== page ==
Over the past year, we have seen more than 475 anti-LGBTQ laws introduced in dozens of states all across the country. From restricting healthcare for transgender youth to trying to erase LGBTQ people from public education and banning trans kids from playing sports in their schools, the non-stop wave of anti-LGBTQ legislation has never been more intense than it is right now.
Included in the list of discriminatory and unjust laws we are seeing pass in states like Tennessee and Florida are unconstitutional attempts to ban performing drag in public spaces. These insidious laws come on the heels of more than a year of dangerous threats and attacks on drag queens across the country, including armed white supremacists showing up to intimidate performers and the firebombing of a donut shop in Tulsa, Oklahoma.
Let us be clear: this coordinated assault on drag artists and performances is a direct attack on the freedom of expression and safe spaces for the LGBTQ community – following the deadly shooting of five individuals at Club Q in Colorado Springs last year.
Drag queens are – and have always been – an important part of not just the LGBTQ community but American culture in general. From RuPaul’s Drag Race to The Birdcage, Tootsie, and Ms. Doubtfire, drag queens are performers who use their creativity and talent to entertain and inspire audiences of all ages, genders, and sexual orientations. These performers also play a vital role in promoting acceptance and tolerance toward the LGBTQ community.
Banning drag queens from public spaces sends a harmful message that their art and identity are not welcome. These bans are also designed to target LGBTQ people and force them out of public life by restricting the clothing someone is “allowed” to wear or how they express their gender identity. While these bans do not explicitly target the transgender community, it is clear that they are part of the coordinated legislative attack on LGBTQ people and could easily be weaponized against transgender individuals.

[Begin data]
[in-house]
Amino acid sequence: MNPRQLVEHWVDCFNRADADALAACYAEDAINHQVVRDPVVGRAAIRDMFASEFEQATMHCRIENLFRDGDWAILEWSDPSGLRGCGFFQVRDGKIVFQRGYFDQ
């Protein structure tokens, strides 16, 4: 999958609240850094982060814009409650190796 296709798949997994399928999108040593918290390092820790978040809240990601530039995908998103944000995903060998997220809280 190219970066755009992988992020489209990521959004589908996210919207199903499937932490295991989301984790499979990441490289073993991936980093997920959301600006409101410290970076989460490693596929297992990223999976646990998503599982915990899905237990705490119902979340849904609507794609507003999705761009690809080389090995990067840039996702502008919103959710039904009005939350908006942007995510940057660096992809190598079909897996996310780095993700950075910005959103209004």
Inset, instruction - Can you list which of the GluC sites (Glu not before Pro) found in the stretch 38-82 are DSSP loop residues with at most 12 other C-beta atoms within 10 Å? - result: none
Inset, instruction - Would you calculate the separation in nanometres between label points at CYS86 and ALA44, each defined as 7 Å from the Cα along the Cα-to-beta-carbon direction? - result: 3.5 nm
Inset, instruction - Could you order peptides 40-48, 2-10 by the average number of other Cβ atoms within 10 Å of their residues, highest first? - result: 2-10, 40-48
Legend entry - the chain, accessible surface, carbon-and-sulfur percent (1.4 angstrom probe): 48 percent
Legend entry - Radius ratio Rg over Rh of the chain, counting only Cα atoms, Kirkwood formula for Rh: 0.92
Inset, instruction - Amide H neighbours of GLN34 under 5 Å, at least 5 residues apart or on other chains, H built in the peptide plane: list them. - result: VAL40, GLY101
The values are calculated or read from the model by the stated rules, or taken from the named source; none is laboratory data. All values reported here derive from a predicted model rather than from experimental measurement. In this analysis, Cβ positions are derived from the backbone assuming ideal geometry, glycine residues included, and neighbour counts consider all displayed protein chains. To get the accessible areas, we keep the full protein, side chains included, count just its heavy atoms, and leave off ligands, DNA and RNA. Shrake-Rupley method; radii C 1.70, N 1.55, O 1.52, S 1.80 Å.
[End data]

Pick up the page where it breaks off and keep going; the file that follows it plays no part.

Discriminating against individuals based on how they look or what they wear is not just wrong, it’s unconstitutional.
Freedom of expression is an inextricable part of the bedrock of our nation and critical to our collective democracy. Under the First Amendment, every American has the right to express themselves, no matter their race, gender, or who they are, and banning drag in public is an extreme form of government overreach and censorship.
As a member of a long-standing drag house in San Francisco, I can tell you very plainly that drag is many things, but drag is not a crime! For many LGBTQ individuals, drag is art. Drag is acceptance. Drag is expression. Drag is chosen family. And most importantly, drag is survival in the face of discrimination and persecution.
We will not back down in the face of hatred and bigotry. We will not be pushed back into the closet. And we will not back down or be erased. NCLR will continue to stand up against discrimination and bigotry in whatever form and we won’t turn our back on anyone in our LGBTQ community – including our beloved drag performers.
[NCLR was proud to help sponsor the Drag Up, Fight Back March & Rally in San Francisco to protest these anti-drag bills on April 9, 2023. We also stand in solidarity with the marches that have taken place or are planned in other cities around the country, including Palm Springs and Los Angeles. You can read more coverage about the San Francisco rally here.]
[All photos courtesy of Fred Rowe Foto]